Visiting the past

1927 was a busy year with the construction and development of the area which became known as Durban North. It was described in the South African Year Book as the finest situation for an ideal suburb, with its sea frontage and gently sloping hills.

At that time the area was known as “The Estate” and was divided into the two distinct districts of “Riverside” and “Prospect Hall”, separated by the Bridgevale Valley. The only entrances to “The Estate” were at Blackburn Road (from North Coast Road) to “Prospect” and from the Queen’s Bridge Hotel to “Riverside”.

Various funding was obtained, and development started taking place including the opening of the Athlone Bridge, which became the gateway to the new suburb.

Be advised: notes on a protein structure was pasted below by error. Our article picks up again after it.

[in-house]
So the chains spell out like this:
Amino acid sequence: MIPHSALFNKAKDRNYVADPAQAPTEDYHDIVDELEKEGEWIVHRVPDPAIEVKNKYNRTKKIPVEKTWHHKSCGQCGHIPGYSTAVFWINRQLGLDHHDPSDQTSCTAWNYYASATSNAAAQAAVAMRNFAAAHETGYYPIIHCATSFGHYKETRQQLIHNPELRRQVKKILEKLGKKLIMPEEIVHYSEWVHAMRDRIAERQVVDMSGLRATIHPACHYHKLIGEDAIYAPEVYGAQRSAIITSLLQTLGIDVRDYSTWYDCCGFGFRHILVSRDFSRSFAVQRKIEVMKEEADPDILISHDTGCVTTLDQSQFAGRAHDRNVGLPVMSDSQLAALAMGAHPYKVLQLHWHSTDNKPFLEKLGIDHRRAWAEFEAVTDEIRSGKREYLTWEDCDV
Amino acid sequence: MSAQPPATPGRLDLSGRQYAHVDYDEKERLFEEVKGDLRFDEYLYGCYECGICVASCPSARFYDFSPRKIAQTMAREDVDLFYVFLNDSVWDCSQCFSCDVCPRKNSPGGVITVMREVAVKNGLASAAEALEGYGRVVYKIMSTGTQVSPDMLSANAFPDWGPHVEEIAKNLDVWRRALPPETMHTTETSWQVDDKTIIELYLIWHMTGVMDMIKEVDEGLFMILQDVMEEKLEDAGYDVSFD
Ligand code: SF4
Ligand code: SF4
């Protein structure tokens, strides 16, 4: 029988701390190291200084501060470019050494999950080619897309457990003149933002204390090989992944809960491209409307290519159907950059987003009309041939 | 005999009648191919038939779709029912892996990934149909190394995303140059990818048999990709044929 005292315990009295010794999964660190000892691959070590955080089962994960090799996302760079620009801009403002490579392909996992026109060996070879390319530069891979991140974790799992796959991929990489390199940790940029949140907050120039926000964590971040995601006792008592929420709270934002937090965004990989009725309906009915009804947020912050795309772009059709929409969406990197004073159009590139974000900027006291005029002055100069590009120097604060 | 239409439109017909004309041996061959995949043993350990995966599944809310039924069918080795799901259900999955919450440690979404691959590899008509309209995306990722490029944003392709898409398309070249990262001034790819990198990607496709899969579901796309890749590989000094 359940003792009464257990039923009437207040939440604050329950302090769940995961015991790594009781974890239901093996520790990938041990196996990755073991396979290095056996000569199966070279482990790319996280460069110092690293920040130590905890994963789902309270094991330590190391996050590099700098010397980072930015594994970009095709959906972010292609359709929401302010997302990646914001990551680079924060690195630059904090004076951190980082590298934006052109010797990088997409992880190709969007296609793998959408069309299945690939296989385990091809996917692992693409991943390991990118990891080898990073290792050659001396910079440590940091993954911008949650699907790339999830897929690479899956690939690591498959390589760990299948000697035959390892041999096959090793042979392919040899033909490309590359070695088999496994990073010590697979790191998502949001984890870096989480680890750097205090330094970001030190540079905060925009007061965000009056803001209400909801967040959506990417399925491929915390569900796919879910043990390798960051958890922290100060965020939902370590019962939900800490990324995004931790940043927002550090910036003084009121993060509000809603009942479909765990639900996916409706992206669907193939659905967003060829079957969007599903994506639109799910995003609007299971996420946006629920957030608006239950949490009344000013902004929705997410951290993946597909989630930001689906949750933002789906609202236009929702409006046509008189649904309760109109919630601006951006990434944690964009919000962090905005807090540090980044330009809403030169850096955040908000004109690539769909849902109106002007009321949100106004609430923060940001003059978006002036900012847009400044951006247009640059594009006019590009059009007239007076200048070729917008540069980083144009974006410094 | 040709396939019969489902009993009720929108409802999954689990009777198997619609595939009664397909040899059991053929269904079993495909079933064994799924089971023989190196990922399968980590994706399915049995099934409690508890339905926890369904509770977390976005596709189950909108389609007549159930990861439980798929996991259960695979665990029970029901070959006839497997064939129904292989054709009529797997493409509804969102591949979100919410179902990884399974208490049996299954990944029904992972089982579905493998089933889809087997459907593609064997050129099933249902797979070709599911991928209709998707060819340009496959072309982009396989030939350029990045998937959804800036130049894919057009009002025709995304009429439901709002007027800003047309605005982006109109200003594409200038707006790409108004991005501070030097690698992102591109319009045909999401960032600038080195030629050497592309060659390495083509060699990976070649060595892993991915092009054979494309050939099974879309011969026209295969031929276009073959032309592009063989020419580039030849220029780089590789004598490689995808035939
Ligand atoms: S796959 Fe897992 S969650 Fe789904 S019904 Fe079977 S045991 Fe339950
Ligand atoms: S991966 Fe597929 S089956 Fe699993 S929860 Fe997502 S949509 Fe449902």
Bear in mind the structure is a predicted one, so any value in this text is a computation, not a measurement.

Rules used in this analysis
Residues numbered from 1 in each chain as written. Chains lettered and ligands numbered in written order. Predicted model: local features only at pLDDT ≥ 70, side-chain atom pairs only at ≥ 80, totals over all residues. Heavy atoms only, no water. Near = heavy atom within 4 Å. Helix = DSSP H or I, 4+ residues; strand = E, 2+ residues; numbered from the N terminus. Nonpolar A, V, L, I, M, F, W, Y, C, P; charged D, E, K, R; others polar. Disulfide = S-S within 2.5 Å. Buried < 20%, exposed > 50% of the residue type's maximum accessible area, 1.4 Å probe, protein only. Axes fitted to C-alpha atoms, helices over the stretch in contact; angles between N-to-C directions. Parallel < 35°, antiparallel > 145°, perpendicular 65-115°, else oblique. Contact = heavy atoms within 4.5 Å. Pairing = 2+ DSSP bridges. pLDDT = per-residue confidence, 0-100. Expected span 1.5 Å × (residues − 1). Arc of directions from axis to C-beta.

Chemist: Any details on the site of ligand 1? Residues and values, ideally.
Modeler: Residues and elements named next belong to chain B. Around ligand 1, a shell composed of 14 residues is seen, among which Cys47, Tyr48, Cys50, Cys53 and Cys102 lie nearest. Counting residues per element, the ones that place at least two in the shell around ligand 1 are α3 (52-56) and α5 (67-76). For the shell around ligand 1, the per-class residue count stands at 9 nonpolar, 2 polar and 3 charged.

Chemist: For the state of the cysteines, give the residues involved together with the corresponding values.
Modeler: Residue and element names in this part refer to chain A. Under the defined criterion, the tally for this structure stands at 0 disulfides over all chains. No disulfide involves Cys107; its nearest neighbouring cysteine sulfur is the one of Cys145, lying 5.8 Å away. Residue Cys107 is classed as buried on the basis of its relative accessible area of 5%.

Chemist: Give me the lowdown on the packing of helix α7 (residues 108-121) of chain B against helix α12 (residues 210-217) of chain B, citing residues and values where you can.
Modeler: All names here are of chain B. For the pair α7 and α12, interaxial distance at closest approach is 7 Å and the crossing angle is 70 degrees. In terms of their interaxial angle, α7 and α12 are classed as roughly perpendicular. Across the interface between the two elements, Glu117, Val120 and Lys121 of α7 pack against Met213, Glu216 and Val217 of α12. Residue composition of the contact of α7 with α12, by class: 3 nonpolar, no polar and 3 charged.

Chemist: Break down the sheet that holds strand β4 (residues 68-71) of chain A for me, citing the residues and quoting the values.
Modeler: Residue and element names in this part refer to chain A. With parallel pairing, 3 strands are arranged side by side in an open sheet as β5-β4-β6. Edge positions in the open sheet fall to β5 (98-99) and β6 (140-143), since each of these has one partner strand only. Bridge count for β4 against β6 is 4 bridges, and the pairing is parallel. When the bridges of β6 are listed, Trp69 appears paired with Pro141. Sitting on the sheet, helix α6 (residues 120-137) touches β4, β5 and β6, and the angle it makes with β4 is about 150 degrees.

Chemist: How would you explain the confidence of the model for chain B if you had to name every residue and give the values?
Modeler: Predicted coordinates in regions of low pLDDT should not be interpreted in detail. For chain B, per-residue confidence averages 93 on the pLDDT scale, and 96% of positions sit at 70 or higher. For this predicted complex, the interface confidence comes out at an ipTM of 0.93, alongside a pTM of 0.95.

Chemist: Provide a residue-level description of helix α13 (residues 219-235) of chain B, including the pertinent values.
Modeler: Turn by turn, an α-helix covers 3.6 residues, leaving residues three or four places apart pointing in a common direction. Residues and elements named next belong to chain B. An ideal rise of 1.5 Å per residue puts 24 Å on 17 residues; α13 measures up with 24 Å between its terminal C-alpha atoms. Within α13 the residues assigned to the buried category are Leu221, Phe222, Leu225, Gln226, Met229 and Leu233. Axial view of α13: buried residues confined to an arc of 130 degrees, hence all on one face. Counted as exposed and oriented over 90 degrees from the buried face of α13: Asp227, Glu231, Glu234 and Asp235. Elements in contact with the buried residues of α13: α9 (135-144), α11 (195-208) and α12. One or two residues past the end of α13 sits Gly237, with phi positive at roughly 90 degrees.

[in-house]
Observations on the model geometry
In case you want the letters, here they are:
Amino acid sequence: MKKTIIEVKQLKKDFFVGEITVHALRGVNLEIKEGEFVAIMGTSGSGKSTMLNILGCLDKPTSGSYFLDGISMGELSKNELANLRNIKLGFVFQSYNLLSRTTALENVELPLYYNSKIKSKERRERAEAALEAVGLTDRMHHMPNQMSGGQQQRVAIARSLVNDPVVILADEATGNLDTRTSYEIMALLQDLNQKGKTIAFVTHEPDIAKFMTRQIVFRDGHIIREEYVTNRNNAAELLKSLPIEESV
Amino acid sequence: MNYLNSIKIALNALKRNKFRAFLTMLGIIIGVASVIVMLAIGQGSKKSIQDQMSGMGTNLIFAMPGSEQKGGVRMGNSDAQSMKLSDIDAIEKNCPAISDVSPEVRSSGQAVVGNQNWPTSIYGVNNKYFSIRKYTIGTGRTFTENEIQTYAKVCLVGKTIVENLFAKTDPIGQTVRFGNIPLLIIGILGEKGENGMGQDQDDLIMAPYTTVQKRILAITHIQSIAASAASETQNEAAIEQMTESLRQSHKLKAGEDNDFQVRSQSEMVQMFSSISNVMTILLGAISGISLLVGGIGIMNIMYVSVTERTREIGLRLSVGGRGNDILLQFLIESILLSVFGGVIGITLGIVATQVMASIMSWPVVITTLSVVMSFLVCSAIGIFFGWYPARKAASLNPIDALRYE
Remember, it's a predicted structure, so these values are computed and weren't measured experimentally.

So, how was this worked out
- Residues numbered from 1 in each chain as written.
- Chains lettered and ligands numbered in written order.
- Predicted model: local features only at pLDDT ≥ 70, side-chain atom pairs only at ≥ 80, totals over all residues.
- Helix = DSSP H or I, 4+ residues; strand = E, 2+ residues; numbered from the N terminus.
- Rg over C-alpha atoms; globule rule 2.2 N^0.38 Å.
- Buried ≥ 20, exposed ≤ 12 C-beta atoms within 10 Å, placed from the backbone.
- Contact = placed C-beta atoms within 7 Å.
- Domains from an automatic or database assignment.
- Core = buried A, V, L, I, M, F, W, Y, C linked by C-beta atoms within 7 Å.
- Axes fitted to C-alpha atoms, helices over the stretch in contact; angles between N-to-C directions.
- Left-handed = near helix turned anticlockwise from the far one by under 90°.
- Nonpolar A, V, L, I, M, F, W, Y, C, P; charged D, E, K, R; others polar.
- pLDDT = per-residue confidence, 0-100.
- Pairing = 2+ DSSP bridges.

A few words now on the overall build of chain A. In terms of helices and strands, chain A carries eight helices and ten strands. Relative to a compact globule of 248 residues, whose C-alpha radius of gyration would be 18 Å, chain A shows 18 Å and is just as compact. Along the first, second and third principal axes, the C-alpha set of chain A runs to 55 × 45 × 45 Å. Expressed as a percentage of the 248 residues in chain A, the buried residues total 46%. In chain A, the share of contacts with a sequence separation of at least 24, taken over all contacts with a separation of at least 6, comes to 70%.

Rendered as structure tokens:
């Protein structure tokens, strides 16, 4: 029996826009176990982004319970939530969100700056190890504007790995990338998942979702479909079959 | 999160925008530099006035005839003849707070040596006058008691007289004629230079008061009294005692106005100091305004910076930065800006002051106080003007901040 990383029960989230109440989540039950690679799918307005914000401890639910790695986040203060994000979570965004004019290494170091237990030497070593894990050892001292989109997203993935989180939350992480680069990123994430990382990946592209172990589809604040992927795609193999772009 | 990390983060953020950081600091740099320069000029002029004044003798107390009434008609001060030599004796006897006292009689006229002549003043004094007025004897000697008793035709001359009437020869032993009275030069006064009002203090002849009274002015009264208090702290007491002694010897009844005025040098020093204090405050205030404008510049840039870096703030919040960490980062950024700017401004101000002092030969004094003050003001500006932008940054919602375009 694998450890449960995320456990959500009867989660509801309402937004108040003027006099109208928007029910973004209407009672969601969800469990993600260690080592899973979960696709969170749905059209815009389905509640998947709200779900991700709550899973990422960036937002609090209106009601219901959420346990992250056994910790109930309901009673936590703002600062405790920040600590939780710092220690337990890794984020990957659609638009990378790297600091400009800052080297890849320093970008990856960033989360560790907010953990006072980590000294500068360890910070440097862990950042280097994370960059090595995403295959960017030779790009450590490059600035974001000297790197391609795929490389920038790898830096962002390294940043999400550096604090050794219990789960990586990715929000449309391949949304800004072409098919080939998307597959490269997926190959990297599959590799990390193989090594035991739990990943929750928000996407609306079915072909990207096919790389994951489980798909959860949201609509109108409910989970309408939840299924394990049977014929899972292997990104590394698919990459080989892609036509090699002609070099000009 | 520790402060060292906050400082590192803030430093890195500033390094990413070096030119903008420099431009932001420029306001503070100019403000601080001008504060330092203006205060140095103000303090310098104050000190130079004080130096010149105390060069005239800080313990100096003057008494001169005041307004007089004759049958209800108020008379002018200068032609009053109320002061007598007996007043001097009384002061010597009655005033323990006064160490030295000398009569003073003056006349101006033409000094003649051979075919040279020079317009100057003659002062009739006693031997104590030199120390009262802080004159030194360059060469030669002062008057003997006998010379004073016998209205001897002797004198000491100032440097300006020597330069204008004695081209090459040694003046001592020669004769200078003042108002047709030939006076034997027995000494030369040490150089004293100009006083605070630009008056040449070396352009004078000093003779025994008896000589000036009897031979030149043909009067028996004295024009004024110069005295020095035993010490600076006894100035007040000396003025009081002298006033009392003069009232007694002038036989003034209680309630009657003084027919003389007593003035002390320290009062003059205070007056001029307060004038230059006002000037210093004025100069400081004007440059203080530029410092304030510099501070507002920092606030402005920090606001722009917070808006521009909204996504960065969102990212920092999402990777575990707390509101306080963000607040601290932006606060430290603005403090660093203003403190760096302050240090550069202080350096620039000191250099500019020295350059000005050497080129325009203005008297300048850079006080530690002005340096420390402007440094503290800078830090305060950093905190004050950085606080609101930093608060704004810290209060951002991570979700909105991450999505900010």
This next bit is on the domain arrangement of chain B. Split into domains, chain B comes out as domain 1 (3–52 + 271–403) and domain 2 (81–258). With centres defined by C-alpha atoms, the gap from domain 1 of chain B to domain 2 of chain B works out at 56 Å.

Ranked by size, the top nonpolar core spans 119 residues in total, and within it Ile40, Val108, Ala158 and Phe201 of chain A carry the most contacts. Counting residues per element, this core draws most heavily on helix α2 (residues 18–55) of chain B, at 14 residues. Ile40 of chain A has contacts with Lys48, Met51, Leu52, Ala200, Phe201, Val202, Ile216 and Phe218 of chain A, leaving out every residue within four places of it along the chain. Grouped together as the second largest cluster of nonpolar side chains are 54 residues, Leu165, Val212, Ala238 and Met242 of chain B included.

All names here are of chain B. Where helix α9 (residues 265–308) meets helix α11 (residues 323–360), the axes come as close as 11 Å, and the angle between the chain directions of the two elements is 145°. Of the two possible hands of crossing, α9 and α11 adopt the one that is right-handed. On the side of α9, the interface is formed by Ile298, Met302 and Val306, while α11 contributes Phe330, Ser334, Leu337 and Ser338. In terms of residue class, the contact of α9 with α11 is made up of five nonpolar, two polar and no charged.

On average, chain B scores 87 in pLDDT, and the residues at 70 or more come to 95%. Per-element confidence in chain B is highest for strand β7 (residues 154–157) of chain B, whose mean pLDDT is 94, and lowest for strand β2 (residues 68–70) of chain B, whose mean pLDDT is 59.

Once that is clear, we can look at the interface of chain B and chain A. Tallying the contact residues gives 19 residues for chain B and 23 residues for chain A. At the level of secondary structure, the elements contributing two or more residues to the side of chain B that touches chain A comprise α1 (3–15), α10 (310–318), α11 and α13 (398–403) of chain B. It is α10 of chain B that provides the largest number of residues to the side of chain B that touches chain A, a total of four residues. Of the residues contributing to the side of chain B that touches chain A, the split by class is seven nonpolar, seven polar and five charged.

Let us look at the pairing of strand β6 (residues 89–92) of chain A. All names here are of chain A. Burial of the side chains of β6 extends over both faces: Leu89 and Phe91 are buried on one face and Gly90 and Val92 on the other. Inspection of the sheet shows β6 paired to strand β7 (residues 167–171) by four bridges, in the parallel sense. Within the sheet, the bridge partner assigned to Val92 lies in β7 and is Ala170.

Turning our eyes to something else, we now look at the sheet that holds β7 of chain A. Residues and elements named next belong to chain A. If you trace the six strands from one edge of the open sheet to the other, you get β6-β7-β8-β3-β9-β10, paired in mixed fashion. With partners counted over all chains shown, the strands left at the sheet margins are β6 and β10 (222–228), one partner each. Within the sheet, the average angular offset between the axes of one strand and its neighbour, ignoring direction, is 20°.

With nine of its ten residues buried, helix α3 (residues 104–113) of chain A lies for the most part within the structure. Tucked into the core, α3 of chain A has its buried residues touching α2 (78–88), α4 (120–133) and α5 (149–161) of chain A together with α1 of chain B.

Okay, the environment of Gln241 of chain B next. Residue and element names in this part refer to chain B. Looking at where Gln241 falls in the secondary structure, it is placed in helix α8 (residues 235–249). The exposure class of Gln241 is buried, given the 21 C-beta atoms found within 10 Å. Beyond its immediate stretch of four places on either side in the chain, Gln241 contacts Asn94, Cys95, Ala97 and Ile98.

It was also at this time that The Riverside Hotel, which was situated on land called Gavi’s Farm, became known then as the Athlone Gardens Hotel. It was a popular venue as being outside of the then municipal area, liquor was obtainable at all hours at the Hotel, which became a favourite for visiting sailors.

According to a 1940s brochure singing the hotel’s praises, “it was set in 14 acres of park-like gardens, complete with a la carte restaurant, ballroom, outside dancing, mini golf and tearooms. The furnishings are tasteful and all rooms have private baths, telephones and radios. There is also a delightful veranda café where one can combine the drinking in of the magnificent views with the wines of the country,” added the brochure.

In 1998 the hotel was redeveloped as The Riverside Hotel and is still as popular as ever.